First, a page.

The Barby Club in Tel Aviv is going to transform into the House of Marley on February 20 and 21 when two of late reggae legend Bob Marley’s sons take the stage for a reggae Purim Ball celebrating their dad’s February birthday.

While Ziggy Marley and his brother Damian (Junior Gong) joined Rihanna for a tribute to their father this week at the Grammy Awards show, it will be a different pair of Marley’s 11 children arriving in Israel next week.

Unlike Ziggy, Damian and Stephen Marley, who have treaded closely in their father’s monumental musical footsteps, Ky-Mani and Rohan Marley have largely forged their own paths.

Ky-Mani Marley’s music owes as much to hip hop as it does to reggae. Ky-Mani is the second-youngest of Marley’s children. His mother was table tennis champion Anita Belnavis, who had a brief affair with the reggae great who was married to Rita Marley. Estranged from the Marley family, Ky-Mani and his mother moved from Jamaica to a poverty-stricken, crime-ridden area of Miami when he was nine.

“This is not the life I would have had if he were my dad,” the 36-year-old Marley wrote in his 2010 autobiography Dear Dad.

As a teenager, Ky-Mani started rapping and deejaying, and by 1996 he had released his debut album, Like Father Like Son. The following year he hooked up with Pras from The Fugees and had his first major hit with a stirring rendition of Eddy Grant’s “Electric Avenue.” More wellreceived albums have followed using reggae as a base but branching out into dancehall, gangsta rap and hard rock.

“The evolution side is where roots reggae meets kind of soft rock meets alternative music,” Marley told the Prague Post recently. “And the revolution side is where dancehall meets hip hop and that kind of urban swag.”

Ky-Mani’s brother Rohan is even more diversified, but not necessarily in the realm of music. He’s a former college football star for the University of Miami, and later a pro in the Canadian Football League with the Ottawa Rough Riders. But the 40-year-old Rohan is perhaps best known for being singer Lauryn Hill’s significant other for more than 15 years and fathering five children with her before their break-up last year.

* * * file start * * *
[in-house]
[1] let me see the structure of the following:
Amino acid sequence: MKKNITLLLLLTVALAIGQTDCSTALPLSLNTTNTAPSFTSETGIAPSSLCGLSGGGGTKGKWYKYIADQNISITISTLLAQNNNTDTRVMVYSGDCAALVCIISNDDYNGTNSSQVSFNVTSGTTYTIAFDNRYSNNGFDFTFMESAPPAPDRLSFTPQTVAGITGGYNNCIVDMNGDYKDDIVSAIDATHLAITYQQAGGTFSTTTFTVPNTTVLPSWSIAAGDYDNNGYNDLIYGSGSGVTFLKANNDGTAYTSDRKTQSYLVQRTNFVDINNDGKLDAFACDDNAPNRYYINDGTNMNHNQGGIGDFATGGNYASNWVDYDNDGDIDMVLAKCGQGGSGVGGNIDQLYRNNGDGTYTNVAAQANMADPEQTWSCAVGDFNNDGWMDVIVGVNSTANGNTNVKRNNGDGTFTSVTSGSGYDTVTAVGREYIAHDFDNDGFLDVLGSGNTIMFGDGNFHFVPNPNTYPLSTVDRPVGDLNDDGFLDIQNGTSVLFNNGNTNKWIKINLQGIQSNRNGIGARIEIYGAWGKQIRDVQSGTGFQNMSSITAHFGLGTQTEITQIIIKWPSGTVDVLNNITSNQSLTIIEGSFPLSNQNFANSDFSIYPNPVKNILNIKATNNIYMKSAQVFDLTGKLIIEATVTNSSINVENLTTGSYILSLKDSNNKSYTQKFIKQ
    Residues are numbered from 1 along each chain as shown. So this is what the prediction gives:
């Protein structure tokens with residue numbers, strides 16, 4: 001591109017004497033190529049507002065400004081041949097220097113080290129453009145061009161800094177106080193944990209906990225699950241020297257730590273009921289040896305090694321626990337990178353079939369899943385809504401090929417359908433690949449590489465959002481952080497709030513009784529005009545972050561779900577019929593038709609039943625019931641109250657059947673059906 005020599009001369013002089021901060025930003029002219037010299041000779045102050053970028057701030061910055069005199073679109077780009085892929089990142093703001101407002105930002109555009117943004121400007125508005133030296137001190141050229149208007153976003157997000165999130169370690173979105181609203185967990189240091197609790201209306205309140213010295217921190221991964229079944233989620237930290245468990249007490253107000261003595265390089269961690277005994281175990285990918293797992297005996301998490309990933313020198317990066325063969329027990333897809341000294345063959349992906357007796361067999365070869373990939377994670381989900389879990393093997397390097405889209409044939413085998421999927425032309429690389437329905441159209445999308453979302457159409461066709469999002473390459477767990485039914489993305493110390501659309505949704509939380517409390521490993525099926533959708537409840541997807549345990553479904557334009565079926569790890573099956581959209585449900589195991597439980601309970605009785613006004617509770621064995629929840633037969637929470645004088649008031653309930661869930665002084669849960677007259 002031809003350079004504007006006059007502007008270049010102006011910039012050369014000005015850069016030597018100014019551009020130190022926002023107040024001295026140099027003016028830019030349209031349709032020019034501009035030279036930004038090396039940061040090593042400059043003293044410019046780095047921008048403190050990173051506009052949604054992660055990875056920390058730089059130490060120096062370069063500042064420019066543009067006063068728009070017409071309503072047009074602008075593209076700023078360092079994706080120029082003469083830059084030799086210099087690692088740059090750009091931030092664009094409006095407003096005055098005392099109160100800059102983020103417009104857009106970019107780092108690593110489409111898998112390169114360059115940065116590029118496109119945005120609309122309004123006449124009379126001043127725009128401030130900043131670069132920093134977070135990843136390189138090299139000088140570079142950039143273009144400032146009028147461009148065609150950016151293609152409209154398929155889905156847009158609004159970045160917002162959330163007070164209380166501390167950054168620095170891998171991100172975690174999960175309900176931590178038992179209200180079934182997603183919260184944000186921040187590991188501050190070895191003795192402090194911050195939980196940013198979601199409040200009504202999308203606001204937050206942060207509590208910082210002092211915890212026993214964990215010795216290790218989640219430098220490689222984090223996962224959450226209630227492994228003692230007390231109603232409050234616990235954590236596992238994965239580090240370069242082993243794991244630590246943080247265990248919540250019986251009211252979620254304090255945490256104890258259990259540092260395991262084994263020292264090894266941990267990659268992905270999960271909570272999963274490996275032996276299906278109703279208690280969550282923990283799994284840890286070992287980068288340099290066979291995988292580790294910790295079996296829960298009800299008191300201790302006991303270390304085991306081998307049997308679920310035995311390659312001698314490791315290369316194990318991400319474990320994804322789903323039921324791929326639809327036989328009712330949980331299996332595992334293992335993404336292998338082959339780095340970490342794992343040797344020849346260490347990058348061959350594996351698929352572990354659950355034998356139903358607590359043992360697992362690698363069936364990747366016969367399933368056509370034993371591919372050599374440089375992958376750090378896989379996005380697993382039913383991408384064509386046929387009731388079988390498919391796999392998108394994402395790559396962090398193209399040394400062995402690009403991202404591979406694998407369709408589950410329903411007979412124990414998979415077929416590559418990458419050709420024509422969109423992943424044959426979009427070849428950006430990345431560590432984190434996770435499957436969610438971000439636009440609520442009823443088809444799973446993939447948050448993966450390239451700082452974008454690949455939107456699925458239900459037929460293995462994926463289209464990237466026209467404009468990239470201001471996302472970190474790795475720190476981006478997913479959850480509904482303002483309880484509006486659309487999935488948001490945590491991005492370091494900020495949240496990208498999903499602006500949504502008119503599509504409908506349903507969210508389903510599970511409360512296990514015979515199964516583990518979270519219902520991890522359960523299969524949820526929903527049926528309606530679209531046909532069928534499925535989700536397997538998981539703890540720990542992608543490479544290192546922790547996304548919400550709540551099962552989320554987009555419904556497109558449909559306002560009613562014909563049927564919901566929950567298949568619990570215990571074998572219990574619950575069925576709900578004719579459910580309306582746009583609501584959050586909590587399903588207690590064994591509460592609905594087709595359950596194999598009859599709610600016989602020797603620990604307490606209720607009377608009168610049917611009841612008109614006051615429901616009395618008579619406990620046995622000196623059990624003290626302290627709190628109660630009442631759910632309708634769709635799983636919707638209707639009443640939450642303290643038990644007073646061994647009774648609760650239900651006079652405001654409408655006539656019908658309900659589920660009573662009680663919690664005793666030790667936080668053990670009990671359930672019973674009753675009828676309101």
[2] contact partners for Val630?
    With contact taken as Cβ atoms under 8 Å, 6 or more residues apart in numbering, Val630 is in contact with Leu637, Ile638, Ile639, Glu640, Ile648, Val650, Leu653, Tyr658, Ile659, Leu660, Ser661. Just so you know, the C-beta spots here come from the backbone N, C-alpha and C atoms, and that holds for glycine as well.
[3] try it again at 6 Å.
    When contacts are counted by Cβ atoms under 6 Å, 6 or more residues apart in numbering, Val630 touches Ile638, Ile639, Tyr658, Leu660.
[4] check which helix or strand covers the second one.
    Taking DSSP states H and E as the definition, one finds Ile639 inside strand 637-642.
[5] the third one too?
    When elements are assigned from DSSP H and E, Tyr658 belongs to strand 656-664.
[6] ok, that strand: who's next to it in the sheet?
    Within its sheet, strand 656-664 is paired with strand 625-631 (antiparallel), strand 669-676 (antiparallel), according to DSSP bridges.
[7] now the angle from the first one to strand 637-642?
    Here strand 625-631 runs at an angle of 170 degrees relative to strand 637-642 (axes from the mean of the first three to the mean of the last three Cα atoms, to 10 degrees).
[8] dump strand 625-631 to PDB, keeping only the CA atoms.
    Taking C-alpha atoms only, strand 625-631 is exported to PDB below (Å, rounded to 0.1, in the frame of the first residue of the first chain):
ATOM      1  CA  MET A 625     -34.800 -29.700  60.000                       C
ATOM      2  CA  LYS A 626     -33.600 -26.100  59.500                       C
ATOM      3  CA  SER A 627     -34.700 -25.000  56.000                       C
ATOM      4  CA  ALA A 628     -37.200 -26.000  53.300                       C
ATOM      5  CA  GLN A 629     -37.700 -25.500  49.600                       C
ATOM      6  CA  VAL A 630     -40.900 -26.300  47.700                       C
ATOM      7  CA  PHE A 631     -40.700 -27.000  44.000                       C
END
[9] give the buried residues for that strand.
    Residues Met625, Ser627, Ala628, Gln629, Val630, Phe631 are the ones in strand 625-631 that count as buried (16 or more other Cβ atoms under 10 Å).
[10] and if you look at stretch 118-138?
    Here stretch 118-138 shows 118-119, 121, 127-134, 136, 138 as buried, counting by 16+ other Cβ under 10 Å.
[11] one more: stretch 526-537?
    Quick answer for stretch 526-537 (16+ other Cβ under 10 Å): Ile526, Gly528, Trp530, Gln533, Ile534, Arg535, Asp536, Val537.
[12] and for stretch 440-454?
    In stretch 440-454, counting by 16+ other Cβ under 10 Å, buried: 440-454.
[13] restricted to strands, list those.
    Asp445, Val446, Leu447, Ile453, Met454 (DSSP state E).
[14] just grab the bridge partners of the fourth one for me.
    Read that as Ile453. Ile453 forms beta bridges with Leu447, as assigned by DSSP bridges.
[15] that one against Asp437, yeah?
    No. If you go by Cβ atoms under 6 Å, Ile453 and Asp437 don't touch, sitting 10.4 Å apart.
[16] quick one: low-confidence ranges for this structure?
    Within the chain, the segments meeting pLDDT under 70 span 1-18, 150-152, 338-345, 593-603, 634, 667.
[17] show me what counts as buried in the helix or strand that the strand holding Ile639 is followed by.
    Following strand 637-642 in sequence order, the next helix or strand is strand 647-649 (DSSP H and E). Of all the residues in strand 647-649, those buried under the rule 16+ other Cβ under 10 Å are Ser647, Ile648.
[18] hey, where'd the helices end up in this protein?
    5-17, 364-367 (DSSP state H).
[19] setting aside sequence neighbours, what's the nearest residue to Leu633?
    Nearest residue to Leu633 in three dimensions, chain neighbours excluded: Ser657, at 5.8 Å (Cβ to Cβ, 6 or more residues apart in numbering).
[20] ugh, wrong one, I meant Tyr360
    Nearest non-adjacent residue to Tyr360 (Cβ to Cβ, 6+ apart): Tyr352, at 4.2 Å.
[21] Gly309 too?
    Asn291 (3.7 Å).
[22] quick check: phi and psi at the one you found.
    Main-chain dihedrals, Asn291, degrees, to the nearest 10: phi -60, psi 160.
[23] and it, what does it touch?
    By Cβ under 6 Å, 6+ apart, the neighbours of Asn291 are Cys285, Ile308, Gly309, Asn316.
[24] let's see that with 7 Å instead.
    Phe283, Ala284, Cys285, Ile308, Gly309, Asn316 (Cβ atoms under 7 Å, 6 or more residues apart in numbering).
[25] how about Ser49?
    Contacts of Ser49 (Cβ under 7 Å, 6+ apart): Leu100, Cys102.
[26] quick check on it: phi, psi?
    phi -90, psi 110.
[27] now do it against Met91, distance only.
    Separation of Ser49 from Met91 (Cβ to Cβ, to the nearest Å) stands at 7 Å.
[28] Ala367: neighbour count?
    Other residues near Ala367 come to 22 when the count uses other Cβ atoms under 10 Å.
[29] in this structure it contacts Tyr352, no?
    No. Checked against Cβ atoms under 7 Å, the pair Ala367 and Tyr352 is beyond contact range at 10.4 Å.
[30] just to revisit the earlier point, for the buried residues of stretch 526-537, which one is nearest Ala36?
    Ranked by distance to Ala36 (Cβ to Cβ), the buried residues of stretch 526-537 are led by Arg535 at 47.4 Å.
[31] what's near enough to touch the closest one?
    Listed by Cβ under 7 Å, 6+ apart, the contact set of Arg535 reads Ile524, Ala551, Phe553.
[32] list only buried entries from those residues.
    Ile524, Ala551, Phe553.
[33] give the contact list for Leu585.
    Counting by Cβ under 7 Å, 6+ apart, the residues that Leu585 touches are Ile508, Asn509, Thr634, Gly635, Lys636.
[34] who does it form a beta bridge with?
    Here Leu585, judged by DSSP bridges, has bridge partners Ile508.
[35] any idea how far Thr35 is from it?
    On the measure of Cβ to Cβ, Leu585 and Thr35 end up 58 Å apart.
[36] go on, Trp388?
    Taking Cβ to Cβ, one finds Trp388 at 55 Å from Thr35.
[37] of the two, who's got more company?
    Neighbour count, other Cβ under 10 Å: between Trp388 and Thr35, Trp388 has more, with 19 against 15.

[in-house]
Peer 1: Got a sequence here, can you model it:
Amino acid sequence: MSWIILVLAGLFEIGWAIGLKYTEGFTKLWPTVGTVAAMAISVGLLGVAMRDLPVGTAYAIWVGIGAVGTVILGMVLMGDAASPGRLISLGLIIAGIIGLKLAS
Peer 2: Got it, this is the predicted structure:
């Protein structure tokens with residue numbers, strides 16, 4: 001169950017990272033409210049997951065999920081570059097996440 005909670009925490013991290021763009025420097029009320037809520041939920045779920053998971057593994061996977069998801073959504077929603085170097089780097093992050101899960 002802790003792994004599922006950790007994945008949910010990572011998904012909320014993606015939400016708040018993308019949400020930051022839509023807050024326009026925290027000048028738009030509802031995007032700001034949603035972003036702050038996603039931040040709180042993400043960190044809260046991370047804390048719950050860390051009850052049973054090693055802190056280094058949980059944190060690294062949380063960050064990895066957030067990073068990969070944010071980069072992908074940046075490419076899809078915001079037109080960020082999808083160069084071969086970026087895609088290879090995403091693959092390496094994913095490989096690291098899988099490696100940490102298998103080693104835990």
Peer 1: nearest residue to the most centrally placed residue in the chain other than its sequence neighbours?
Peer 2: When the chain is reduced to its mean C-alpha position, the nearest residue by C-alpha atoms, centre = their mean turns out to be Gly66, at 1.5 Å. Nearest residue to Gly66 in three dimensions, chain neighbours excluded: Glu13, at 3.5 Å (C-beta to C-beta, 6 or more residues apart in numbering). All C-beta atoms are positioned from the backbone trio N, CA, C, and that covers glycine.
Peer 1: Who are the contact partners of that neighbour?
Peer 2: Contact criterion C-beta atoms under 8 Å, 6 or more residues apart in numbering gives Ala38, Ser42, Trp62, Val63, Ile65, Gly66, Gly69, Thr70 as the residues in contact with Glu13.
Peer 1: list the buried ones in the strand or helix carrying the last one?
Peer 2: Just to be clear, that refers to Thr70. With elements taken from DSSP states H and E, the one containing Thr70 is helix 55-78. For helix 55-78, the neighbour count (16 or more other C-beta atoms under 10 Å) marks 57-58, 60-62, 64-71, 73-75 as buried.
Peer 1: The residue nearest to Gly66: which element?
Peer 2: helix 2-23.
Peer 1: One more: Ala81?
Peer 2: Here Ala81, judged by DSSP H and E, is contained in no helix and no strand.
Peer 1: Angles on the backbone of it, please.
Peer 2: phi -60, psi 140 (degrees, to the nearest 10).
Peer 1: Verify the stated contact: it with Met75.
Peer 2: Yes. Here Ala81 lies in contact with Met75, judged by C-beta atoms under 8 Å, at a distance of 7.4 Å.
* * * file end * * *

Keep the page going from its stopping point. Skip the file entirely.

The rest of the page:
Now a successful business entrepreneur, Rohan has furthered the Marley legacy by launching the family’s charitable organization iLove, co-founding the clothing line Tuff Gong, launching a collection of eco-friendly headphones and sound gear called House of Marley and, most recently, inaugurating a line of “sustainably grown, ethically farmed and artisan roasted” gourmet coffee under the name Marley Coffee.

The shows in Tel Aviv will feature the House of Marley sound system and samplings of another Marley family business venture, Marley’s Mellow mood, an anti-energy drink available in a variety of fruit flavors.

Assuming there is enough time for music, the Marley brothers will be performing their own material, as well as some of their father’s classic songs. Opening up the evening will be the home-grown zany favorites Los Caparos, the ska-reggae-Russian rockers who are celebrating the release of their latest album, Life in Film.

Any way you look at it, there should be something for everyone next week, and it will undoubtedly establish the right frame of mind leading into Purim.




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